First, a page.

In every family there is also someone like my Uncle Nick whose jokes will make you want to jump out of the window – a highly unhealthy pastime. And we haven’t talked about those extra kilos that always pile up on our hips. Yes, the Festive Season bears dangers to our health. Raising our cholesterol. Giving us a hangover. And perhaps leading to a near heart-attack. In Johannesburg, the Festive Season also holds certain risks that are not directly related to the family’s social dynamics. It is a time of the year when criminals are most active. Call it the criminal’s Christmas, if you want. And it starts early. Those of you who have lived in this country for a while know that South Africans are early risers. If you want to avoid traffic jams in Joburg, you have to be on the road before 6 am. And did you know that 5 to 8 am is considered peak time in Joburg’s gyms? So not only do Joburgers get up extremely early, but they are really up and running, or swimming a kilometre or hopping and stepping in a strenuous aerobics class. But I’m getting off track. What I wanted to say was: South Africans are early risers, and they are early Christmas shoppers, too. By mid-October, you will find your local supermarket decked in Christmas decorations and delicatessen, and plenty of reindeer and snowmen will be grinning at you as you are buying your groceries. No wonder that the well-organized in these parts start making provisions for the Festive Seasons early. The well-organised criminals, on the other hand, are very well aware of these habits. And they know that many Christmas shoppers carry large amounts of cash with them. So pick-pocketing reaches its peak in the weeks before Christmas, and it is a good idea to a) use your credit cards instead of cash and b) always keep a close eye on your bag. Pickpockets are incredibly skilled. Someone once stole my wallet out of my handbag, with me attached to the latter. It must have happened while I was squatting down, inspecting children’s shoes on the lowest rack in a shop, having pushed my handbag to my back so it wouldn’t dangle in front of me. The thief had to squeeze his hand into a slim opening, open a zipper inside my handbag (!), and get the wallet out of it. All the while I was blissfully unaware of what was going on behind, or to be precise, on my back. Incredibly skilled, as I said. If only it hadn’t been so annoying. Because people need more cash during the Festive Season, there are also criminals who position themselves close to Automatic Teller Machines (ATMs), ready to strike when there is a good opportunity. At this time of the year, it is even more important to only withdraw money from an ATM at a busy spot and during daytime hours. Don’t use AMTs unless there are plenty of other people around you who would witness if you were to be robbed. That seems to be the best strategy to avoid being targeted by criminals. Now apart from your wallet, criminals will also go after your house during the festive season. It’s the long summer and school holiday, and the majority of South Africans, poor and rich alike, will travel to meet with their families for Christmas. For most of them, the holidays start early (surprise, surprise!), and between mid-December and New Year’s the roads and shopping malls will be pleasantly quiet in Johannesburg. Some neighbourhoods will even look nearly deserted, which makes them an inviting target for criminals. If you are going away for the holidays, I would strongly recommend that you think about some protective measures to put in place. Here are some ideas of what you can do: Tell your security company about your absence; do not tell other people, and ask your maid to refrain from talking about your travelling; turn on your alarm system; if possible, ask your neighbours to keep an eye on what’s going on on your property. Because of the frequent heavy storms and rains around Christmas in Joburg, it is a good idea to have someone check on your property on a regular basis anyway. They may have to prevent the pool from going green, wipe up water that somehow got into your house and threatens to ruin the carpets, keep the ants from making your house their home, make sure the power didn’t trip, and so on. This explains why at this time of the year, you will find plenty of ads from people who offer to house sit. South Africans know that it is not a complete waste of time to have someone looking after their home while they are away. Now, the second part of this blog post sounds gloomy compared to the first part, doesn’t it? But think about it: There are just a few security measures you can take to try and avoid the dangers of pickpocketing and robbery. But when it comes to the dangers associatedwith spending days with the extended family in a crammed house, I feel much more helpless. Does anybody out there have some tips on how to survive this?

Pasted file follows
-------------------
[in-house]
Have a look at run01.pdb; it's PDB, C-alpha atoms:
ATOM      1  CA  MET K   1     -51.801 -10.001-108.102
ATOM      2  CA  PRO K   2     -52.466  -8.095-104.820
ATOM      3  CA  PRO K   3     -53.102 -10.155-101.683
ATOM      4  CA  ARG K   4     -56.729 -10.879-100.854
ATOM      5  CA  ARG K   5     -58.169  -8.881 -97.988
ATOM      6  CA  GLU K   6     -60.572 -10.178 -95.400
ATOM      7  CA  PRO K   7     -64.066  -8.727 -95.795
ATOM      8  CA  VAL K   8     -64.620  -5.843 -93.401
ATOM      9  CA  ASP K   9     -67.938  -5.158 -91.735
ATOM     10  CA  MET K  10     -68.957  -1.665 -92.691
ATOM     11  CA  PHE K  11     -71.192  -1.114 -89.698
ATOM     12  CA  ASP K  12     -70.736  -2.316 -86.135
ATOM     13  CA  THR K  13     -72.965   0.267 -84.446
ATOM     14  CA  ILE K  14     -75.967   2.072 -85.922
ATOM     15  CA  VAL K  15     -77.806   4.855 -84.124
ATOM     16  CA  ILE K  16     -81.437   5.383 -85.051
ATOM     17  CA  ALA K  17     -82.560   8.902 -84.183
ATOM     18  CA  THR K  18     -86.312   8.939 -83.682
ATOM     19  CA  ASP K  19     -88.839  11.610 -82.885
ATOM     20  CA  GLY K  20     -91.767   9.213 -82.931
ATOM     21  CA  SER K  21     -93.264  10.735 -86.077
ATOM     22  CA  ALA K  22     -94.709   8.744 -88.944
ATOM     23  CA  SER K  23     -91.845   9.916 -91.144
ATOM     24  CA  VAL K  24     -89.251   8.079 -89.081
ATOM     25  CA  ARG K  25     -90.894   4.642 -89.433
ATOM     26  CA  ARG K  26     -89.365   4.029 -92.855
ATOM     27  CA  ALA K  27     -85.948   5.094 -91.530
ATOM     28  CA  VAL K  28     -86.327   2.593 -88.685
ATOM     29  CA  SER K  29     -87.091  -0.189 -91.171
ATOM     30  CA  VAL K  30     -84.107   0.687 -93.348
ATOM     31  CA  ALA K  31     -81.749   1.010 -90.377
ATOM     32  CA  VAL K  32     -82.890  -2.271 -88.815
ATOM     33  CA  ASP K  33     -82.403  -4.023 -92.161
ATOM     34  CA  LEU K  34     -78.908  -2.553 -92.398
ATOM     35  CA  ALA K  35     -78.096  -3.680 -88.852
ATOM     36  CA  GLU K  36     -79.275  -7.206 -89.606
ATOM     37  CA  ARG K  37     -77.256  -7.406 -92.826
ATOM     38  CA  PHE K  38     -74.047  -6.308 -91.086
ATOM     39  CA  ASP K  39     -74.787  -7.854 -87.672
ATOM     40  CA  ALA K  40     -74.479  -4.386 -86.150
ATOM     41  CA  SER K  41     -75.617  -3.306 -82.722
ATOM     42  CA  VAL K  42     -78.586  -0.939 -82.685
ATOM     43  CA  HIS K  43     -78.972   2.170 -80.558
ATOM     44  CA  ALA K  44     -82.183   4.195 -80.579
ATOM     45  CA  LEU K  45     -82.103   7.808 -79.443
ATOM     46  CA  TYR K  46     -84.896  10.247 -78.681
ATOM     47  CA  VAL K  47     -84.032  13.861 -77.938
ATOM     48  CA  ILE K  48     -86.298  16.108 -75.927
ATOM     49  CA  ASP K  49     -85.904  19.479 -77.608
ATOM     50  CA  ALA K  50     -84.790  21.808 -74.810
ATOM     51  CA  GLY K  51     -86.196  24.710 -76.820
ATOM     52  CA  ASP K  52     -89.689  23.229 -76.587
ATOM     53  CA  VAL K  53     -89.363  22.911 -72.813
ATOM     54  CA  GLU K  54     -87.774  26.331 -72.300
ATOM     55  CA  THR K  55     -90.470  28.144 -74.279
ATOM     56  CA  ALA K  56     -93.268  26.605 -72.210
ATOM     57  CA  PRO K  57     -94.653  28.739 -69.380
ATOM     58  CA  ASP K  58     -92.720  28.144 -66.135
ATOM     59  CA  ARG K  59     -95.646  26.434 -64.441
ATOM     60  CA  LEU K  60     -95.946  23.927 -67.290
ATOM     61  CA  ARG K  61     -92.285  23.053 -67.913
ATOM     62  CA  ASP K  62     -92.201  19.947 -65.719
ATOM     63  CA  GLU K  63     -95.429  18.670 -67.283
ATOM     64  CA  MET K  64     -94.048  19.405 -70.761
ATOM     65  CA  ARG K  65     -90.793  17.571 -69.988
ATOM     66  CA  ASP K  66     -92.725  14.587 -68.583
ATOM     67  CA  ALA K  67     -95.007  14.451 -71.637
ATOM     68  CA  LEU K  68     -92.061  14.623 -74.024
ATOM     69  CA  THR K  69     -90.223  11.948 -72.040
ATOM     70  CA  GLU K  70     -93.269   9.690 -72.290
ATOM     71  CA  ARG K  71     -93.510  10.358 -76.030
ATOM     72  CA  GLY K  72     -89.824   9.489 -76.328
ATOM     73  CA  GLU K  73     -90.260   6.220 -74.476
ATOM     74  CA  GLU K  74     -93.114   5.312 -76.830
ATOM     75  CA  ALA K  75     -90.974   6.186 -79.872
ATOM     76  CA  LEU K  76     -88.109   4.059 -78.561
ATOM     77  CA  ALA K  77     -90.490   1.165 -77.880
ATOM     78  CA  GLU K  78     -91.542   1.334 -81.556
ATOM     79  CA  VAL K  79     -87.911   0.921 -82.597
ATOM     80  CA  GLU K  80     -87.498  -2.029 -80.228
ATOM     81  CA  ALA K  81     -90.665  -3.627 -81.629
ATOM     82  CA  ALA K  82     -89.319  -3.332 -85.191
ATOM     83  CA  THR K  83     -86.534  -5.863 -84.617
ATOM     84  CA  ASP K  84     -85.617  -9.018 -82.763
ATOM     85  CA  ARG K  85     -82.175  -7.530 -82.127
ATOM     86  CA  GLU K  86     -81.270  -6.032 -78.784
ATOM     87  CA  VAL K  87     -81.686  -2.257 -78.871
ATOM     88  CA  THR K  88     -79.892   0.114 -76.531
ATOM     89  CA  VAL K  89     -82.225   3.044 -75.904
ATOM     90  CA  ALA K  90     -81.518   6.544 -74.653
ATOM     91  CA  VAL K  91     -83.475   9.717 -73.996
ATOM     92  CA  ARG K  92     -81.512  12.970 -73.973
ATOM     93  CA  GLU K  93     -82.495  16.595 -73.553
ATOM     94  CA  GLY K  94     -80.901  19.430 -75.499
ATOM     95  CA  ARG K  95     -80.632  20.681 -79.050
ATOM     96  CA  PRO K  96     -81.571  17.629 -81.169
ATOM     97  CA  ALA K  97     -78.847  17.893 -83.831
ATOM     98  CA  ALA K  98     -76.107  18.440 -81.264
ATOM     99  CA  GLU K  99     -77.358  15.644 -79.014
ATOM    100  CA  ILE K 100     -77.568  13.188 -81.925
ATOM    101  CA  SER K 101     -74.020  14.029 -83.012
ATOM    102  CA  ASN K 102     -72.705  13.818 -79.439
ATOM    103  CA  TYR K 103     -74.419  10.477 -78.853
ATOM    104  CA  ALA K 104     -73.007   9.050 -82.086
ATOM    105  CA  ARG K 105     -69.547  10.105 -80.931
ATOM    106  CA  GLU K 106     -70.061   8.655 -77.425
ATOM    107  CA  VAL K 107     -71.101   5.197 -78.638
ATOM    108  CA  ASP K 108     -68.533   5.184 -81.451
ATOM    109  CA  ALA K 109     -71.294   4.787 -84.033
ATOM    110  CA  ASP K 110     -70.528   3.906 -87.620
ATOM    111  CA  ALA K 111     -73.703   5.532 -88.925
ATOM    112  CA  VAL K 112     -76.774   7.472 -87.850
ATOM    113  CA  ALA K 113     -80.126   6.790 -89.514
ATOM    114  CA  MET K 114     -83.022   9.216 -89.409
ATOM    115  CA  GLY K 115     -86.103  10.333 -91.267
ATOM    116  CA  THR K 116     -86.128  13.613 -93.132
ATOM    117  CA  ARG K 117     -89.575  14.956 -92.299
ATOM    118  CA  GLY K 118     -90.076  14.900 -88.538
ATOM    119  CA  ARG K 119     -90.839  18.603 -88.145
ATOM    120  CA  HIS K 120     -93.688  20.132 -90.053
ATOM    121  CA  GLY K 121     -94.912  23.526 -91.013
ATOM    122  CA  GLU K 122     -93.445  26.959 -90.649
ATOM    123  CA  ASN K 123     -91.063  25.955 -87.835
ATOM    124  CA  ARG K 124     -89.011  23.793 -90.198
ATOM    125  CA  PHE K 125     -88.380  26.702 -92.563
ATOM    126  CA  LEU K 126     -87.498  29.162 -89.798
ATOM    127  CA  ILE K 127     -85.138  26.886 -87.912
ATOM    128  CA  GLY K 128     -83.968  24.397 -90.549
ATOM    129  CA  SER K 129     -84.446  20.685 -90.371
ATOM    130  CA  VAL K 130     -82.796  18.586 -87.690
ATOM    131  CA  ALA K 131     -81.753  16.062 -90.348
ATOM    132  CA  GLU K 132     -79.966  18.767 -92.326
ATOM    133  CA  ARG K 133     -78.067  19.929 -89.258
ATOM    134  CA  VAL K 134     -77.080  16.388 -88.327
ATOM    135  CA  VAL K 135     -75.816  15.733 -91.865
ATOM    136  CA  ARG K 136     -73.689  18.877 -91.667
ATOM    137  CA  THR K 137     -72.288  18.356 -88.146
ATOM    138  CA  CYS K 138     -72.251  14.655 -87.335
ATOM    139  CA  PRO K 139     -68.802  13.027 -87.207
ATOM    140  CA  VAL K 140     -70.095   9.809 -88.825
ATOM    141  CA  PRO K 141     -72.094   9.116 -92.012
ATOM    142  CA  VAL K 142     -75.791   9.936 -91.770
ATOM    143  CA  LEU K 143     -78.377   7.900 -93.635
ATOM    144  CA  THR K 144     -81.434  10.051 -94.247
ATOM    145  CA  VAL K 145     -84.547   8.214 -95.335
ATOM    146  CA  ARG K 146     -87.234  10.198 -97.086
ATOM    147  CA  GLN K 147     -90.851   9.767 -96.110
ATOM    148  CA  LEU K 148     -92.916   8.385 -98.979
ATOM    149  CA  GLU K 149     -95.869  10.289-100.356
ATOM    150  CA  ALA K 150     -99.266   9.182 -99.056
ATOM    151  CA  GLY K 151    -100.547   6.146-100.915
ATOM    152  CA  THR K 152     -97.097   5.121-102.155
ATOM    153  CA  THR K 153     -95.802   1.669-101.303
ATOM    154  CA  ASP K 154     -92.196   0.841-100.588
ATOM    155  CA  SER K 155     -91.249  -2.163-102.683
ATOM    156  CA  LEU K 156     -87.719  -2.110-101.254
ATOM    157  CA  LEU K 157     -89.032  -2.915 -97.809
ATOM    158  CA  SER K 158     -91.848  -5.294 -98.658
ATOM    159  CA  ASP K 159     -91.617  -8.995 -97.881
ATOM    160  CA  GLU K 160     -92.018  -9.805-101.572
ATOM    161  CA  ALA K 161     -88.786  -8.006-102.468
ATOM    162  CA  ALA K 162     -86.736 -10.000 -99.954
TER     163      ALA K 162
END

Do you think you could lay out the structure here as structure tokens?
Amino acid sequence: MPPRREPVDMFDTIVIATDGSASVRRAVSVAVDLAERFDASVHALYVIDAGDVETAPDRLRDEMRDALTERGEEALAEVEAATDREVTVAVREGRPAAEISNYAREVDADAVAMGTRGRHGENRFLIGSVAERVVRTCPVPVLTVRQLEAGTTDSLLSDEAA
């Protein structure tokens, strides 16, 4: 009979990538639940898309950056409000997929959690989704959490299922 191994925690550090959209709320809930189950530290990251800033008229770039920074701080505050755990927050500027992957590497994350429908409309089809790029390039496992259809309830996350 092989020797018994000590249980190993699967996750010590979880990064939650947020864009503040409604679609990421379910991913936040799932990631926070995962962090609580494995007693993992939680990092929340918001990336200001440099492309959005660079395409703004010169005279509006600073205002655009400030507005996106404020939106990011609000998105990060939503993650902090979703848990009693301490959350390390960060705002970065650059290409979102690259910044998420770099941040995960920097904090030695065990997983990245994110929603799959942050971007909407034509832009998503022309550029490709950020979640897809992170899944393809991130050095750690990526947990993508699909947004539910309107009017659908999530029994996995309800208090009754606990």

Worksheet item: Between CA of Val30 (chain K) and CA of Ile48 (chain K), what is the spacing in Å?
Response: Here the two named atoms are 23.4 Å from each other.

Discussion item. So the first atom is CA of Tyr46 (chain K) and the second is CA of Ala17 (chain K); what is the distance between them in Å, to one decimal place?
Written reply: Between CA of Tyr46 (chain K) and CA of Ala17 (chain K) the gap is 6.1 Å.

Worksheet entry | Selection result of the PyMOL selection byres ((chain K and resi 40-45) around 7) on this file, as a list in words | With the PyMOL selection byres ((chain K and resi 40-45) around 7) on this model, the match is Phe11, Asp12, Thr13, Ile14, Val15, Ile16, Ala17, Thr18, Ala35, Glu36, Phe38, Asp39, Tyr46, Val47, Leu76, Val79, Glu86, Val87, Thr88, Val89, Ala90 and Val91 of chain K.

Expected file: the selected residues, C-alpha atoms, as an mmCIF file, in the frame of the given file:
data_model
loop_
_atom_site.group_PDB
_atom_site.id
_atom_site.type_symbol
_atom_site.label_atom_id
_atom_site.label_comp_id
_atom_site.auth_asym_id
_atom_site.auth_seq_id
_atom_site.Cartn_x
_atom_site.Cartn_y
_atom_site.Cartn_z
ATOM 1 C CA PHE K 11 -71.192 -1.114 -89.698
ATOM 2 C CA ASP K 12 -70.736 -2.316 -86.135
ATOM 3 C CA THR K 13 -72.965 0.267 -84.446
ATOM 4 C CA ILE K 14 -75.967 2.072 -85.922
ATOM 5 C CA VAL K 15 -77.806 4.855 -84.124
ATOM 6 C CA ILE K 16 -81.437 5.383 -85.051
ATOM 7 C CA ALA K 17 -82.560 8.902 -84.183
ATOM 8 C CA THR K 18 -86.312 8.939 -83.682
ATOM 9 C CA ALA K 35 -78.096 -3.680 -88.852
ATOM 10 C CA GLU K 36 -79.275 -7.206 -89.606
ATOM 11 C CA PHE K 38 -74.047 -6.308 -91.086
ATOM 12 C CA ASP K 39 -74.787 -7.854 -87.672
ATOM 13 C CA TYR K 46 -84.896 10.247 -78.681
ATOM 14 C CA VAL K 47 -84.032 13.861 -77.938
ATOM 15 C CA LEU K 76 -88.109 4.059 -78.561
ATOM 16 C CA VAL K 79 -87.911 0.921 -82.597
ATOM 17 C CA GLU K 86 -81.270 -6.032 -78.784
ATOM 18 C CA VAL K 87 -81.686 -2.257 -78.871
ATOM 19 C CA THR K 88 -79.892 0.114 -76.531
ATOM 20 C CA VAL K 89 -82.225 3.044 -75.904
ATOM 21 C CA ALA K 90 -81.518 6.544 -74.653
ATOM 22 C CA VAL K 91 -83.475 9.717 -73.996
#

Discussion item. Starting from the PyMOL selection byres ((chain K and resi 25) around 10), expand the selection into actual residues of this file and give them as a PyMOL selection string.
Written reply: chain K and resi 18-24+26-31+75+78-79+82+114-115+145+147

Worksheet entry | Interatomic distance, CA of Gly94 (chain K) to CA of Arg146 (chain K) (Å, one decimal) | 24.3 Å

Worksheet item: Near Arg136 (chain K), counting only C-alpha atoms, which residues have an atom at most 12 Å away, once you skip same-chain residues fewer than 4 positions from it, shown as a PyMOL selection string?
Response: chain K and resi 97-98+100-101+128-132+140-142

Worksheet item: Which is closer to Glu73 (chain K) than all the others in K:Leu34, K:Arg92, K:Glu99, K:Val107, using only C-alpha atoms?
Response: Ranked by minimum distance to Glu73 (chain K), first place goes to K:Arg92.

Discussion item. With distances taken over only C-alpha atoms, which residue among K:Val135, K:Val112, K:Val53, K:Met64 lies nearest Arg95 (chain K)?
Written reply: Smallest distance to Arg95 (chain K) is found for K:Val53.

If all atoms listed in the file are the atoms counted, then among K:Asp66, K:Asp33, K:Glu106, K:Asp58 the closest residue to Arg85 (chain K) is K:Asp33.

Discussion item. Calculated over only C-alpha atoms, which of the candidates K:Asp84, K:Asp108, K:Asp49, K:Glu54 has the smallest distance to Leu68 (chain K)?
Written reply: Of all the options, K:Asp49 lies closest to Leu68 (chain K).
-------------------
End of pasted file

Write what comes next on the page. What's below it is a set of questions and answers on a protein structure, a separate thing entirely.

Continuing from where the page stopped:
Barbara Bruhwiler lives in Johannesburgwith her husband and two children. She is an internationally successful author of five books. One of them is the  ... 

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The Last Time

I’ve been driving around my beloved Joburg almost in a daze this past week, running last minute errands. Everywhere I turn I seem to come across a sight which has me catching my breath.

Like the view of the Magaliesberg in the distance, especially after a rain clearing all the dust, when driving ...